Book Review of The Poppy War by R.F. Kuang

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Book Review of The Poppy War by R.F. Kuang

I had heard a lot about this book from other book bloggers, so I put it on hold at the library. It took awhile, but I was finally able to pick up the book. This book had such high ratings from everyone, so I was excited to read it. What did I think? Did it live up to the hype? Check out my book review of The Poppy War by R.F. Kuang to find out.

Blurb:

“When Rin aced the Keju—the Empire-wide test to find the most talented youth to study at the academies—it was a shock to everyone: to the test officials, who couldn’t believe a war orphan from Rooster Province could pass without cheating; to Rin’s guardians, who always thought they’d be able to marry Rin off to further their criminal enterprise; and to Rin herself, who realized she was now finally free of the servitude and despair that had made up her daily existence. That she got into Sinegard—the most elite military school in the Nikara Empire—was even more surprising.

 But surprises aren’t always good.

Being a dark-skinned peasant girl from the south is not an easy thing at Sinegard. Rin is targeted from the outset by rival classmates because of her color, poverty, and gender. Driven to desperation, she discovers she possesses a lethal, unearthly power—an aptitude for the nearly mythical art of shamanism. Exploring the depths of her gift with the help of a seemingly insane teacher and psychoactive substances, Rin learns that gods long thought dead are very much alive—and that mastering control over her powers could mean more than just surviving school.

For even though the Nikara Empire is at peace, the Federation of Mugen still lurks across a narrow sea. The militarily advanced Federation occupied the Nikara Empire for decades after the First Poppy War, and only barely lost the continent in the Second. And while most of the people in the Empire would rather forget their painful history, a few are aware that a Third Poppy War is just a spark away.

Rin’s shamanic powers may be the only way to save her people. But as she finds out more about the god who has chosen her, the vengeful Phoenix, she fears that winning the war may cost her her humanity.

And it may already be too late.”

My Book Review:

So, what did I think? Well, honestly, I have very mixed emotions. I kept reading. I kept turning pages, so that means something. The writing style is engaging and it sucks you into the story. I thought the character development was really good. The characters come to life on the page, and that always makes a book better because you’re invested in the characters. At the beginning, especially, I found myself routing for Rin. I understood why she wanted to do well on the test.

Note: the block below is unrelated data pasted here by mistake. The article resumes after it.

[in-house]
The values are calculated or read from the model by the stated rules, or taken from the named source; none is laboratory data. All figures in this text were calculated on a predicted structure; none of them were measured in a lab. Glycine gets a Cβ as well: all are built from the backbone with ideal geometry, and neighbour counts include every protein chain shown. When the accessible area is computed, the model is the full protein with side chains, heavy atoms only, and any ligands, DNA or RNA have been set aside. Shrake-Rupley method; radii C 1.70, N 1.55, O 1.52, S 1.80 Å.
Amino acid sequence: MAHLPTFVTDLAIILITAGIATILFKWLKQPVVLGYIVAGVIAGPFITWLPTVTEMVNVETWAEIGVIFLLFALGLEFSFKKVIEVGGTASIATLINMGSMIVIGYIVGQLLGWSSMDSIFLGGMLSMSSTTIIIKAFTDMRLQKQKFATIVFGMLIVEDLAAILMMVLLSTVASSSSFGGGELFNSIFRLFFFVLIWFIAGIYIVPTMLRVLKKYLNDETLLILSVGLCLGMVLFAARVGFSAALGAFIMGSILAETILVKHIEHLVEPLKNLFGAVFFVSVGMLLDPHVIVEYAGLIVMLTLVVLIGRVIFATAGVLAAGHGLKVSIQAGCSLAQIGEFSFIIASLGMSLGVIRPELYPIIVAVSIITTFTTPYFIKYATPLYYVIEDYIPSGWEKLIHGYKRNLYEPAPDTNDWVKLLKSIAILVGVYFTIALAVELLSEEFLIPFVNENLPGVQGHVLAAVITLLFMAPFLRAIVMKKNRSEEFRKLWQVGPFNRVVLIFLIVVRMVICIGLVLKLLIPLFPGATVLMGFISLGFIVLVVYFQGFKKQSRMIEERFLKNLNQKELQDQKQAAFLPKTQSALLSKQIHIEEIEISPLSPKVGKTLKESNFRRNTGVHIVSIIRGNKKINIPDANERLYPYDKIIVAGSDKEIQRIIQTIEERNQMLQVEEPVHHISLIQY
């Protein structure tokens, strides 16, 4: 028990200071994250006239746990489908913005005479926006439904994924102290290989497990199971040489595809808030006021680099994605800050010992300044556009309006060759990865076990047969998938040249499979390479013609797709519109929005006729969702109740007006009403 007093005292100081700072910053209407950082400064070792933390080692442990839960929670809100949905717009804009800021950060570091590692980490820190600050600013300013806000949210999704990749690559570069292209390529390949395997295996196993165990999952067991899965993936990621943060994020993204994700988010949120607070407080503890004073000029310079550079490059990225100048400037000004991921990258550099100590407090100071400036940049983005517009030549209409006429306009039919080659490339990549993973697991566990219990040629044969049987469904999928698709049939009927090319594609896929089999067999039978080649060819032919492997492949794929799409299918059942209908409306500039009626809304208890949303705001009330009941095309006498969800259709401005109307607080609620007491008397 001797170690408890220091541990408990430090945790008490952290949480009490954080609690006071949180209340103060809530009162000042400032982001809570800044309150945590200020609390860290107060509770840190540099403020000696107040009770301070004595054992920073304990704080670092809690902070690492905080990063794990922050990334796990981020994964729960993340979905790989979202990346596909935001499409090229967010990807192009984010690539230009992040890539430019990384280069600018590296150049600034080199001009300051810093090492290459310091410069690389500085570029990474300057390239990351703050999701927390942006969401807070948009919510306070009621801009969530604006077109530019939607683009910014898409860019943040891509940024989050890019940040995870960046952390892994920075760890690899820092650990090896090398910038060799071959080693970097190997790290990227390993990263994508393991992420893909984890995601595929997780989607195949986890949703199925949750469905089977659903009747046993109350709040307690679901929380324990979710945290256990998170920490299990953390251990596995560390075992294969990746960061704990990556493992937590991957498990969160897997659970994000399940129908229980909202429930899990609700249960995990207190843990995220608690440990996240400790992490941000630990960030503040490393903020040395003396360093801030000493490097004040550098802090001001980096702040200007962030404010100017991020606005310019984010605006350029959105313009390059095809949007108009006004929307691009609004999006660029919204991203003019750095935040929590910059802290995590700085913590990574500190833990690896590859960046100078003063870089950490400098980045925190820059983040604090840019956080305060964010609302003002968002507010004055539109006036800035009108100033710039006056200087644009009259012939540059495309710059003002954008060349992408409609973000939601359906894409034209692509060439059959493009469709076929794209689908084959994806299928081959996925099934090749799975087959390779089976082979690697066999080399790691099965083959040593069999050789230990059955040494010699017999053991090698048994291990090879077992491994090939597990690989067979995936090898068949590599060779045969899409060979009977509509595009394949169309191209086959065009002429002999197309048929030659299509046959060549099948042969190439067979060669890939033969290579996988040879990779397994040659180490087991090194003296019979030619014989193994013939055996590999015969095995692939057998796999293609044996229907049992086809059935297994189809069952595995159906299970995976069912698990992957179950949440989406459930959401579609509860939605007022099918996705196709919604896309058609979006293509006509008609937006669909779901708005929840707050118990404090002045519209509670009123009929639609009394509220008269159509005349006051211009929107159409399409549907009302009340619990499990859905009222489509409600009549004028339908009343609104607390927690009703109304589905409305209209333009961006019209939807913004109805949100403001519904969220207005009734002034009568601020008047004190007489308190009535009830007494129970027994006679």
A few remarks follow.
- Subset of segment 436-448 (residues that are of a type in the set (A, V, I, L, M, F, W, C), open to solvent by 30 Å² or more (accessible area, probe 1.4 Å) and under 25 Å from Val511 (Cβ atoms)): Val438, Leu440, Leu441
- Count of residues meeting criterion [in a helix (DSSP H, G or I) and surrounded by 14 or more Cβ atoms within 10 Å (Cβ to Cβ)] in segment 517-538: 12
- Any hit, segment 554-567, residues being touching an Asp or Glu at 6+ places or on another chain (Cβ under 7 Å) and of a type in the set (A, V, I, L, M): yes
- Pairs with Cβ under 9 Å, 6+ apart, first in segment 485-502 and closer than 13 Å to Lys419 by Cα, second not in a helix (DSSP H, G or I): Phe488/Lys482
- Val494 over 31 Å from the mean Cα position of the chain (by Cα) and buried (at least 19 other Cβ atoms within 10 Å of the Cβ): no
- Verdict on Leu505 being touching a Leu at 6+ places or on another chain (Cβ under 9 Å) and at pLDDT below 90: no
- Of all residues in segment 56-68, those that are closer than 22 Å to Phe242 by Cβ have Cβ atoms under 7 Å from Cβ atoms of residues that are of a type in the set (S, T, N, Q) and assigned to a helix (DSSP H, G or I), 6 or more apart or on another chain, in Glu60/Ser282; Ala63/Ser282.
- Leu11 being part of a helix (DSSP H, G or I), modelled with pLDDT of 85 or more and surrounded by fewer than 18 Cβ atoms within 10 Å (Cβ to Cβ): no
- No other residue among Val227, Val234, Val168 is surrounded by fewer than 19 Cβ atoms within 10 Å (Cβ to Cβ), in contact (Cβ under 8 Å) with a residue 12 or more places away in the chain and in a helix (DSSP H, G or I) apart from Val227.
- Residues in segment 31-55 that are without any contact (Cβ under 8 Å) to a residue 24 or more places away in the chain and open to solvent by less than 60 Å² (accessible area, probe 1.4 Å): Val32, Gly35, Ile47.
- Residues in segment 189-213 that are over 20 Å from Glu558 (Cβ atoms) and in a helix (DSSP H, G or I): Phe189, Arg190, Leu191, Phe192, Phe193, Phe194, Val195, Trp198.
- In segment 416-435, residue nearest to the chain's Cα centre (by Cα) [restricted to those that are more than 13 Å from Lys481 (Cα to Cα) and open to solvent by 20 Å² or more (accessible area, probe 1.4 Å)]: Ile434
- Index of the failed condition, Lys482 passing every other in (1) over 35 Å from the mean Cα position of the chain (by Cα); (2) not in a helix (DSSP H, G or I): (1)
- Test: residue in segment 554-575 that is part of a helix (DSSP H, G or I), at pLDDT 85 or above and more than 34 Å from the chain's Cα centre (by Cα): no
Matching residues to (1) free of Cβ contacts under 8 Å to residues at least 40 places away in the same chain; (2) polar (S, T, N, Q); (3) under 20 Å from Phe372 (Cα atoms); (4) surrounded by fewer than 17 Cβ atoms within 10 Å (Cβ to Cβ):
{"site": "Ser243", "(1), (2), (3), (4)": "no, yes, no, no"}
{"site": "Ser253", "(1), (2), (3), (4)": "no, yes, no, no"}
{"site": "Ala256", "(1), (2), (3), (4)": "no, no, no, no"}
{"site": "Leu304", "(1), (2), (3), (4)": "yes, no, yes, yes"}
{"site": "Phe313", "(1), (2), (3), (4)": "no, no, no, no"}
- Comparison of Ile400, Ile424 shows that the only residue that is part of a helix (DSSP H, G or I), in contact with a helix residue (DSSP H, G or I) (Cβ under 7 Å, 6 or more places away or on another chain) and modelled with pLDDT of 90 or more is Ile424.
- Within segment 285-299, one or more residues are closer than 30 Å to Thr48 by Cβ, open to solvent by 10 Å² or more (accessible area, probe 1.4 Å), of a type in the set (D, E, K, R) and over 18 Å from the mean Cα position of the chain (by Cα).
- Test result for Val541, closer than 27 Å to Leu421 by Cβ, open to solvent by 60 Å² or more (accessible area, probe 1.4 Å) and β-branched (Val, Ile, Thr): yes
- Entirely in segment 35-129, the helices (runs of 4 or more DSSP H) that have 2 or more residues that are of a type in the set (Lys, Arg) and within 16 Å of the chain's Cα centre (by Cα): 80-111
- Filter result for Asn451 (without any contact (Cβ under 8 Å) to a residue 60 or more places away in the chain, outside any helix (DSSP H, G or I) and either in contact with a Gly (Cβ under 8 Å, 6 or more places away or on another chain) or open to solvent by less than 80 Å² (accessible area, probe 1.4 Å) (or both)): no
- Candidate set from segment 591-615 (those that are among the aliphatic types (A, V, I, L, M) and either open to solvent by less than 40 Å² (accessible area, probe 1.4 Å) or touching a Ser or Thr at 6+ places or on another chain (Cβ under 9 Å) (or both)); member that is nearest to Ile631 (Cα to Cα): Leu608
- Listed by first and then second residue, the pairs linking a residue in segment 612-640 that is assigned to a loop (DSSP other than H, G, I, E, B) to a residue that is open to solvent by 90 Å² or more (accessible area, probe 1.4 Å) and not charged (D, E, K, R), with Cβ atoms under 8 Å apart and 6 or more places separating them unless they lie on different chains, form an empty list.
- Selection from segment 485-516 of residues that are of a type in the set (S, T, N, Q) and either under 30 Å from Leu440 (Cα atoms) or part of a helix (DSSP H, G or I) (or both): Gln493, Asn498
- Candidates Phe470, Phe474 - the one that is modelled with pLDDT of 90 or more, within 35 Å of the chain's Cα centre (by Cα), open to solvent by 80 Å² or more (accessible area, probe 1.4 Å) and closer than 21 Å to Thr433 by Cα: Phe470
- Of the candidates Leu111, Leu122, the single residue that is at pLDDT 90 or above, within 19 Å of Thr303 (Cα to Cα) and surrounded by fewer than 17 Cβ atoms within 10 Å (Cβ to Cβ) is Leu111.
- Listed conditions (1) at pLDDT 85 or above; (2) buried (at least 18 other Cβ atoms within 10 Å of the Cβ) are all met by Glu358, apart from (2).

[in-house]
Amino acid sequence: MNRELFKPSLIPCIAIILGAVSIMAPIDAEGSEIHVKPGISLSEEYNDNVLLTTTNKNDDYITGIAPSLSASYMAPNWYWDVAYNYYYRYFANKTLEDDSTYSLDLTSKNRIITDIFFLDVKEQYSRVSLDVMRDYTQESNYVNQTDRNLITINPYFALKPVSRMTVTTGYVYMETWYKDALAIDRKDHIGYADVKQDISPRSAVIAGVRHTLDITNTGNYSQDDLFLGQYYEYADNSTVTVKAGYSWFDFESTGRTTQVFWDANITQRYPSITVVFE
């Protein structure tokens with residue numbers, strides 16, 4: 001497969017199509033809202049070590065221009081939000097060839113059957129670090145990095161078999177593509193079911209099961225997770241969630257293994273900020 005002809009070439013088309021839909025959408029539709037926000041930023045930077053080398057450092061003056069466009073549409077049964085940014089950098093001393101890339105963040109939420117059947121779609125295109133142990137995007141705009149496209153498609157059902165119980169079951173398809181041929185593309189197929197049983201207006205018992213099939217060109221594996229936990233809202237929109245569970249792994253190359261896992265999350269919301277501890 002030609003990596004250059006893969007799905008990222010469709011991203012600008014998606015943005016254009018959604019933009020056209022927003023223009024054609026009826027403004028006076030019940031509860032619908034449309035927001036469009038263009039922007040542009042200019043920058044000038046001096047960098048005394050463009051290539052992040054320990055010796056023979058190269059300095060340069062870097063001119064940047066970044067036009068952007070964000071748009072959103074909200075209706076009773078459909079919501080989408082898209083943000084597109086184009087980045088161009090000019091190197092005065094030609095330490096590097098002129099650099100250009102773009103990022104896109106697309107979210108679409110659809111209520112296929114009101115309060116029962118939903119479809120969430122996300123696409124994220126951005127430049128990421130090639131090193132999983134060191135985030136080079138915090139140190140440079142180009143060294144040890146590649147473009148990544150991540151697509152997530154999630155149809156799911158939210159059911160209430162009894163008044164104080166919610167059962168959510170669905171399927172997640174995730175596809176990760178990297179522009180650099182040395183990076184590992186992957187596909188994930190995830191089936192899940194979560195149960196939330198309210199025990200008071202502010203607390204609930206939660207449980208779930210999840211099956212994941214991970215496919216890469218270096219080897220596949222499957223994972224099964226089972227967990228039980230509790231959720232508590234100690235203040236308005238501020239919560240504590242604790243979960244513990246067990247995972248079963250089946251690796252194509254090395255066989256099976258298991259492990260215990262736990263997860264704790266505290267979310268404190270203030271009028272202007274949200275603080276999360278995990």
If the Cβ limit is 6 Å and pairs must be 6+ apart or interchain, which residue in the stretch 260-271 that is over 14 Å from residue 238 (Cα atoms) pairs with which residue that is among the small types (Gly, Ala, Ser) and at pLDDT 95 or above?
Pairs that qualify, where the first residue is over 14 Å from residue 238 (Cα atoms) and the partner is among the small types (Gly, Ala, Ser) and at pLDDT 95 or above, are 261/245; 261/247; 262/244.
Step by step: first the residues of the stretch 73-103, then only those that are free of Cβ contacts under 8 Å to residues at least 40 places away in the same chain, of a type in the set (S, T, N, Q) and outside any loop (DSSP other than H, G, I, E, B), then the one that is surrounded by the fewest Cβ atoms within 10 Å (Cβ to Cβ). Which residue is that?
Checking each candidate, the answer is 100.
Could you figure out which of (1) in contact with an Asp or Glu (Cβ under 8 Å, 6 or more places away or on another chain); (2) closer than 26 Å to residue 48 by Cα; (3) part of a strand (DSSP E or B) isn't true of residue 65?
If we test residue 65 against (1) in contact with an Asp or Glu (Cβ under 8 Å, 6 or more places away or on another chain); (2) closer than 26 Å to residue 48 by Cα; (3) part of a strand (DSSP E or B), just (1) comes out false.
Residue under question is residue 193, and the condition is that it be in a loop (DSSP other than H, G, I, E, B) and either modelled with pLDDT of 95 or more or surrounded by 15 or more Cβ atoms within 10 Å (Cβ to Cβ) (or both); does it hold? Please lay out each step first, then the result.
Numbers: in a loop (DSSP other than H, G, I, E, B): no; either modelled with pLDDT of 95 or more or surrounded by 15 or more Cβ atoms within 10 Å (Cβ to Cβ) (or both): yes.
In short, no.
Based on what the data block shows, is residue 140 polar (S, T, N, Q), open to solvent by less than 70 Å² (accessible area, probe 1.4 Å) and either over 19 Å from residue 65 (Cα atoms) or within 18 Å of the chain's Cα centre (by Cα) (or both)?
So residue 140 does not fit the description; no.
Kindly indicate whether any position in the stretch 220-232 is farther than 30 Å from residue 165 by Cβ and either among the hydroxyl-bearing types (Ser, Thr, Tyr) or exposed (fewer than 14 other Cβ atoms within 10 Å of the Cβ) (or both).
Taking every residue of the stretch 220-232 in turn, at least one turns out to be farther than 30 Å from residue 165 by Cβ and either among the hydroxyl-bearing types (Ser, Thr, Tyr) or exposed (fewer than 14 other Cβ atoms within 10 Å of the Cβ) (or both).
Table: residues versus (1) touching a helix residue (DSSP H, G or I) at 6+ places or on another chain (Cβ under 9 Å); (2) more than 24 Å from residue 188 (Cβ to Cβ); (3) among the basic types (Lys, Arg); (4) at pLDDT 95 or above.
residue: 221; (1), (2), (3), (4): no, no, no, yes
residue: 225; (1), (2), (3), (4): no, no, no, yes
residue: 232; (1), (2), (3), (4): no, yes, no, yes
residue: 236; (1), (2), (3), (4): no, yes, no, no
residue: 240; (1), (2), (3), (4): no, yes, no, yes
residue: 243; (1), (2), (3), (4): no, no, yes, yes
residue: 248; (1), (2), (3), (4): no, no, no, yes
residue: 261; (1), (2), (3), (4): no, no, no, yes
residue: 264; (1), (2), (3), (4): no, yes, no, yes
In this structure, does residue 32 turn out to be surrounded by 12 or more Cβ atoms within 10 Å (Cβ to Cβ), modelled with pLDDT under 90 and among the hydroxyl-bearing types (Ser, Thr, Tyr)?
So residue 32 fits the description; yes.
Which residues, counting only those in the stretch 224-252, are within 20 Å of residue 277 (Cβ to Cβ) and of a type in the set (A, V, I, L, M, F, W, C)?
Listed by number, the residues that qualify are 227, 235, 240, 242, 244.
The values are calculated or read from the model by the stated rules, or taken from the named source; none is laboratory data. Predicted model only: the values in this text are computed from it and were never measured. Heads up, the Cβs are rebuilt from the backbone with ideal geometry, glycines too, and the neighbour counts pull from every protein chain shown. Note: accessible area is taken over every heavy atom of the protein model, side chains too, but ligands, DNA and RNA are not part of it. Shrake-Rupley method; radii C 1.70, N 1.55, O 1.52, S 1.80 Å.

I’m not sure why I didn’t put this book down. It was intriguing, but more in a watching-a-train-wreck sort of way. There were many things in the content that I just didn’t like; I especially didn’t think they were appropriate for teens to be reading. While Rin was studying she would harm herself; she said the pain helped her. As a mom, I definitely don’t want my daughters or sons reading that and thinking it’s ok to self-harm. No, no, no, no.

I got that it was a military training facility, and so I understood the fighting and practicing, but what I didn’t like was the use of opioids (hence, The Poppy War). We have enough trouble right now with people being addicted to opioids; I don’t think our teens need to see fictional characters using them to find gods. I just didn’t like that whole premise, and it’s a huge part of the story.

When I read Mockingjay by Suzanne Collins, I finished and felt sick to my stomach. I just felt yucky. That is also how I felt when I finished this book. It’s not happy or inspirational–it’s dark and disturbing. I was intrigued, but it didn’t live up to the hype. I especially don’t think it’s appropriate for YA. This book definitely wasn’t for me. However, if those things don’t bother you then you’ll probably enjoy it.

Content Rating RRating: R (Profanity, including dozens of “f” words. There isn’t an “intimacy.” Violence including war atrocities, rapes, murder, bombings, fighting, and the death of many characters.)

Recommendation: Adult

My Rating: 2.5/5

If you’d like to purchase this book, click here: https://amzn.to/2OM3tQF

 

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